"Impossible Objects" Does The Impossible in 3D Printing | Technology
Posted on Thursday, June 22 2017 10:37:00 AM in News by Sina Shirazi
Impossible Objects is developing a 3D printer that can use composite materials to challenge traditional manufacturing methods to create parts for industries such as automotive and aerospace.
Lucas Mearian recently reported on Computerworld that a new startup has cracked the code in additive manufacturing that allows for the accelerated printing of composite materials such as kevlar and carbon fiber.
The company "Impossible Objects" uses what it calls a composite-based additive manufacturing method (CBAM) that combines composite materials with Polyether ether ketone (PEEK) and other high-performance polymers to build the strong, yet lightweight parts.
In the featured image there is a "A print job from the Model One 3D printer depicting the versatility of shapes and objects it can create." This printer boasts a 100x speed in crafting components over conventional 3D printers. The CBAM technique is "10X stronger".
In creating this technique they are the first company on the market to offer a composite component as they are working with companies already. The Chief Commercial Officer formerly worked for Boeing, but only one company has been disclosed as using the new additive manufacturing parts created by the company.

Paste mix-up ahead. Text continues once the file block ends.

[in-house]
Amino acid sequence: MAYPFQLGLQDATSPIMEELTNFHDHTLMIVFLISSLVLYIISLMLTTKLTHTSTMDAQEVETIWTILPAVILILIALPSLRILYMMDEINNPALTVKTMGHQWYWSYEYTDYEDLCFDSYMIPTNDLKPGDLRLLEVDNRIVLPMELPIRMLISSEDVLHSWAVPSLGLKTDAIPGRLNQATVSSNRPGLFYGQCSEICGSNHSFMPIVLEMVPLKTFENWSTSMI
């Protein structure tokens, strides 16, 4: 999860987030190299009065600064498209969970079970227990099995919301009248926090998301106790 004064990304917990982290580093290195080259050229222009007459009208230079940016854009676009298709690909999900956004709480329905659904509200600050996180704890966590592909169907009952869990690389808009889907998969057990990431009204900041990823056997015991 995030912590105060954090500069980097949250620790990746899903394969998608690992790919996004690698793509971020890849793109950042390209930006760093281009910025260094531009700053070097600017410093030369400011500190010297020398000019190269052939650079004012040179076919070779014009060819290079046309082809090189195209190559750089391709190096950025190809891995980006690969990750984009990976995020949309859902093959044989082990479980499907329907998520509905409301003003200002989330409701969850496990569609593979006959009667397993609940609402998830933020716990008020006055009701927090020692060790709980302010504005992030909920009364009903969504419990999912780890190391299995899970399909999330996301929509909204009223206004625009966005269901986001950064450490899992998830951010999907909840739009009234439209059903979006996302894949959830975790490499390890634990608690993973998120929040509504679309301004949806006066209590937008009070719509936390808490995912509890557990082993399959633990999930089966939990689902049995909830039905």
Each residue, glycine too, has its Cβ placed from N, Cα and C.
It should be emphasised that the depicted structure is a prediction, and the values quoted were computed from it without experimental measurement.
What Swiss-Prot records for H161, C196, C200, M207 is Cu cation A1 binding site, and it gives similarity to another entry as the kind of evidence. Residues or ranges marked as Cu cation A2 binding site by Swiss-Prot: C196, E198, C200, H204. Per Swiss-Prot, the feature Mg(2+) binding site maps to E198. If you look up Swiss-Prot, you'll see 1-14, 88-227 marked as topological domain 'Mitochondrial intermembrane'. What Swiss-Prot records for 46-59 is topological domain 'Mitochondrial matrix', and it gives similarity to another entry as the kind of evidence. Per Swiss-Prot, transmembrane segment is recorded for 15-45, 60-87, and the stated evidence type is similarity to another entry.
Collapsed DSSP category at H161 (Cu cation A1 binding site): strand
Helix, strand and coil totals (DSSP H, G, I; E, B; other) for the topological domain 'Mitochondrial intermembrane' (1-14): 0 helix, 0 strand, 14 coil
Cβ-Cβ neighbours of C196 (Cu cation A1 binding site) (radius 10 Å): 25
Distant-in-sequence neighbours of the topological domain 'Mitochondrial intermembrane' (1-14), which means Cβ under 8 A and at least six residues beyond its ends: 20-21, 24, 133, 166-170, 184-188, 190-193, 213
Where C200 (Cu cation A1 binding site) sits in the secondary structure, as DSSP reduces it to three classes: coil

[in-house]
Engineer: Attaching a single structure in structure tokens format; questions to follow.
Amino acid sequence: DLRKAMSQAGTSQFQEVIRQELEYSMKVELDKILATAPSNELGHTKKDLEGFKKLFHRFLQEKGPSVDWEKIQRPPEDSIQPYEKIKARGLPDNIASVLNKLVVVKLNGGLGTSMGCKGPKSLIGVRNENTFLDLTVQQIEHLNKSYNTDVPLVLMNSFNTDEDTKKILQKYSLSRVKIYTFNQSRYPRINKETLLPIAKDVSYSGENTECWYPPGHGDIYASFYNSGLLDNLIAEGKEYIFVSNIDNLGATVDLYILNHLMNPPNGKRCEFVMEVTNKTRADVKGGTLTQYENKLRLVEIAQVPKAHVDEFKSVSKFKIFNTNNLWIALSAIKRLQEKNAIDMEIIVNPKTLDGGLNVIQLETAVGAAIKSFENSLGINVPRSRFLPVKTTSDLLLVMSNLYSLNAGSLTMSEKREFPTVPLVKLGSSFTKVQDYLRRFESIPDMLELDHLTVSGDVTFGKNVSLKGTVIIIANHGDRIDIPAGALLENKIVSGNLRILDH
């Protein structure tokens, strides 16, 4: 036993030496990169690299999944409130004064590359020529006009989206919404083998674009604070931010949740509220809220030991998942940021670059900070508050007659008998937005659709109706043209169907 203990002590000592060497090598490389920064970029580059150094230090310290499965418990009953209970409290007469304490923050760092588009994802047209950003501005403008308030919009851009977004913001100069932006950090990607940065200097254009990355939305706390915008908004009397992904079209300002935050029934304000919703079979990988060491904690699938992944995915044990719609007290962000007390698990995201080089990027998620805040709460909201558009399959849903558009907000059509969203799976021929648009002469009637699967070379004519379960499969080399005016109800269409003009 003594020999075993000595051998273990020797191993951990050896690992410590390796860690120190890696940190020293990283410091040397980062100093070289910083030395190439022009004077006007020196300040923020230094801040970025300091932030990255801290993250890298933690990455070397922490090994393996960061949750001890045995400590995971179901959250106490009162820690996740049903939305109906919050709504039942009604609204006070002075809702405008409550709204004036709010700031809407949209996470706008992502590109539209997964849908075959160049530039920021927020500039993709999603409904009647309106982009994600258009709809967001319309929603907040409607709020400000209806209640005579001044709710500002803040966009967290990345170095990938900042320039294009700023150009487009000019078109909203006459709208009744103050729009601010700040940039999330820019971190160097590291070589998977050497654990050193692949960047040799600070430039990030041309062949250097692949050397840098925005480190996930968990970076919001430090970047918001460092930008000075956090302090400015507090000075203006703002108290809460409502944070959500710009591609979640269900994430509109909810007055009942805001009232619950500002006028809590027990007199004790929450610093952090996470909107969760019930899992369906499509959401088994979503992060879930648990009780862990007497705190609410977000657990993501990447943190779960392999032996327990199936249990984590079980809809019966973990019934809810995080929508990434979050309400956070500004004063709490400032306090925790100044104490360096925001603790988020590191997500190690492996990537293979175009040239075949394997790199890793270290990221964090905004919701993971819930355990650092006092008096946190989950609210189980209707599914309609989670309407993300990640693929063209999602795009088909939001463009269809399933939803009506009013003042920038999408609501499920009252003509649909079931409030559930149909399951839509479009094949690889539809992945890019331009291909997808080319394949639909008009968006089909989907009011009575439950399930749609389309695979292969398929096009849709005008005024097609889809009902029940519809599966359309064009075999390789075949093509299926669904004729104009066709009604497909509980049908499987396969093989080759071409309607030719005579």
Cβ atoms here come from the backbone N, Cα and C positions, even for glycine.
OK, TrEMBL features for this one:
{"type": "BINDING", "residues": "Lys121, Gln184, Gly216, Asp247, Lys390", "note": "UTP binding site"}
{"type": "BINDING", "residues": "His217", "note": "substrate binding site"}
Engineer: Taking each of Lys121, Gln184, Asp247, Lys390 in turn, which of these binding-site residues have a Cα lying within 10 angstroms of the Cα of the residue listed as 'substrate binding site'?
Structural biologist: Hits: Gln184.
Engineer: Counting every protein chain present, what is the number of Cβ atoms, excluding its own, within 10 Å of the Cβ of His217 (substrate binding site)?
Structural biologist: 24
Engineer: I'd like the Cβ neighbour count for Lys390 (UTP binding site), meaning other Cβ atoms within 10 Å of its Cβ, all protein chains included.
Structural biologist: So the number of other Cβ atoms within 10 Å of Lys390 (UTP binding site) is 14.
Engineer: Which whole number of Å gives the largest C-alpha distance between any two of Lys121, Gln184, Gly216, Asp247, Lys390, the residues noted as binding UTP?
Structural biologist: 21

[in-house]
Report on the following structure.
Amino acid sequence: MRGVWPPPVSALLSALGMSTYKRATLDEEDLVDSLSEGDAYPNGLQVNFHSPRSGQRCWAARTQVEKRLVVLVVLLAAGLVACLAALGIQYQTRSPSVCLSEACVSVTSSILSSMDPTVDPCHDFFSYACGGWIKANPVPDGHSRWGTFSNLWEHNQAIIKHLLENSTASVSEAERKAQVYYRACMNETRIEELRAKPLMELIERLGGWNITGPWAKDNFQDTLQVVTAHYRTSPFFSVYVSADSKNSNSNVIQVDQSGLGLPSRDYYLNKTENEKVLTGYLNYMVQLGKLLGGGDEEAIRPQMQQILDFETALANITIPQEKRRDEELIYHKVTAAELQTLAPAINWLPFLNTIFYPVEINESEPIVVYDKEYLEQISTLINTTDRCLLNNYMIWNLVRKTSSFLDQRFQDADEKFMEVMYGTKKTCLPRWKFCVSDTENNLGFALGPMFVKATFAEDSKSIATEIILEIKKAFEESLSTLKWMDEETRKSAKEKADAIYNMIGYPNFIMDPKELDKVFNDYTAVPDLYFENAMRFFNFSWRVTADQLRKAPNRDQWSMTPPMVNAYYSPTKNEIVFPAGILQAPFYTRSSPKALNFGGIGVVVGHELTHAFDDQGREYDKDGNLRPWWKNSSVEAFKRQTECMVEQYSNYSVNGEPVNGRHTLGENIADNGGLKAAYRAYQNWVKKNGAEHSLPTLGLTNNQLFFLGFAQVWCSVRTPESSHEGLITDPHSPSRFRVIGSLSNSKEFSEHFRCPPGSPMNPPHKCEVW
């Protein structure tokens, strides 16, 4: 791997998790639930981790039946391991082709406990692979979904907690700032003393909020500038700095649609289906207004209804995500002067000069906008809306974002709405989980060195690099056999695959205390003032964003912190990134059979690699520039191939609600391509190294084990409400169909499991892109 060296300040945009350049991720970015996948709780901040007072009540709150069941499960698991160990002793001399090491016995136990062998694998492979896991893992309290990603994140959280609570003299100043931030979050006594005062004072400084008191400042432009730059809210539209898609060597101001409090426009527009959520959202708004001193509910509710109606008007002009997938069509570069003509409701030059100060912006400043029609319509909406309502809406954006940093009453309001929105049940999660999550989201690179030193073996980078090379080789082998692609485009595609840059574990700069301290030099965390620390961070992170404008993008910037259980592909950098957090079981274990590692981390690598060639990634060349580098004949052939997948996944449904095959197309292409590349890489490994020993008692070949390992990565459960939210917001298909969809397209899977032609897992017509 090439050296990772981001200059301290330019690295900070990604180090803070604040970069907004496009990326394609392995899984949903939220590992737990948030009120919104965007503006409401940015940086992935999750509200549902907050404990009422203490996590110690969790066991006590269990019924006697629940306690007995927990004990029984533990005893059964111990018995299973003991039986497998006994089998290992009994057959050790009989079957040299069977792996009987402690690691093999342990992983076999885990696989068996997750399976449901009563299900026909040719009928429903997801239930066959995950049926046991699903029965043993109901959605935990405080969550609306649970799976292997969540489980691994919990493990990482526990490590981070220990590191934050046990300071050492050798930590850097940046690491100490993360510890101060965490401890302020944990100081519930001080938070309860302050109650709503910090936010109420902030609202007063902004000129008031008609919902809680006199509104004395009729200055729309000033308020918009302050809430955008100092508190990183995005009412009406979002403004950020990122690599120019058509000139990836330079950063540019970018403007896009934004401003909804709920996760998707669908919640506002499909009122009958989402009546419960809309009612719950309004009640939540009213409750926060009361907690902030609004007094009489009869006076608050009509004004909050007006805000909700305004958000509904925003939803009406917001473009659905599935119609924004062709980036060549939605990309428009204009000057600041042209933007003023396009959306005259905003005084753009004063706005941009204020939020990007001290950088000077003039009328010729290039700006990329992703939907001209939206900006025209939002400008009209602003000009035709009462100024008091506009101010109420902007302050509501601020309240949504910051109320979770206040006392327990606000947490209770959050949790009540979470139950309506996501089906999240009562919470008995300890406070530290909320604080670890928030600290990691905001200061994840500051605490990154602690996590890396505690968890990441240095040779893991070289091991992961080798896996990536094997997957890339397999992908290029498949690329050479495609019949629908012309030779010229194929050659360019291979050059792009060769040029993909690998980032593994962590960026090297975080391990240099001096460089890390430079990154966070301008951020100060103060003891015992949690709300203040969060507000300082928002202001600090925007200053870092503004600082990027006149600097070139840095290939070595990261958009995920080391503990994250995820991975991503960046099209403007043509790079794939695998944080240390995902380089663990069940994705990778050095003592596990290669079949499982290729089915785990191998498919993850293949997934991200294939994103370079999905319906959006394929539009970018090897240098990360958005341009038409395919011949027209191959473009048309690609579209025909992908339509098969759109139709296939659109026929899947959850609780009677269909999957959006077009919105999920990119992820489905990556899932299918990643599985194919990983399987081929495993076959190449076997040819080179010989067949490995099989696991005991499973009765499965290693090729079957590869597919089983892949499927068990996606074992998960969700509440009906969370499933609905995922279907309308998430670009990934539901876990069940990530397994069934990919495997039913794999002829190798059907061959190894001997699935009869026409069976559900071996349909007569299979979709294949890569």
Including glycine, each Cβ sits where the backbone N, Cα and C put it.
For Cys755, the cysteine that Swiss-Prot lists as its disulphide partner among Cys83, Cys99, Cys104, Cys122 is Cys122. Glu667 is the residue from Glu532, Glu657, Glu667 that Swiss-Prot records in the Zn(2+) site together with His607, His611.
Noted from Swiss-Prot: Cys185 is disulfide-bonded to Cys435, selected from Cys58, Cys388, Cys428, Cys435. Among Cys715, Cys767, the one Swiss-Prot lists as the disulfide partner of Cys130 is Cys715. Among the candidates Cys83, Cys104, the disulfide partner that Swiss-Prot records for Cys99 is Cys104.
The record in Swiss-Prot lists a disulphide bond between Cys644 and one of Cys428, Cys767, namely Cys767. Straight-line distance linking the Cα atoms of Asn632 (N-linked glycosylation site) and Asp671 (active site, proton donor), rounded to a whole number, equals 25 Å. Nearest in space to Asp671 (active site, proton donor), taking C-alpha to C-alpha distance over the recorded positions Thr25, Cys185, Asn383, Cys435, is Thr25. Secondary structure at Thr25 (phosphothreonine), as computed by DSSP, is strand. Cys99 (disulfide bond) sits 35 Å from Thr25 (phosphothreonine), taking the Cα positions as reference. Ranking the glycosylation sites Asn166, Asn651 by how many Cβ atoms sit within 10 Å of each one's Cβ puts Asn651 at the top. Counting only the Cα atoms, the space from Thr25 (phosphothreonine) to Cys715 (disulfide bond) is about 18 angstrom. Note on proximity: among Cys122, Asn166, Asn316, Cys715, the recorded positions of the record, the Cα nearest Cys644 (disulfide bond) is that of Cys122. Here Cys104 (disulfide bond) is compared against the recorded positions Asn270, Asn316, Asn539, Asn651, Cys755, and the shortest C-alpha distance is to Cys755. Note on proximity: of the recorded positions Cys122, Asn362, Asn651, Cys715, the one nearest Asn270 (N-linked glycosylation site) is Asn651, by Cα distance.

3DShoes is keenly interested in this because the latest Nike cushioning technology ZoomX is using a full length carbon injected plate within the midsole. While the applications for the technology are obviously important in aeronautics and heavy equipment manufacturing, if a carbon fiber plate can be developed and implemented into footwear in a way that is not an infraction on Nike's patent this opens an entirely different lane for designers and manufacturers looking to enter the performance footwear market via 3D printing.
This is definitely a project to keep an eye on. Use the source link to visit ComputerWorld for a detailed discussion.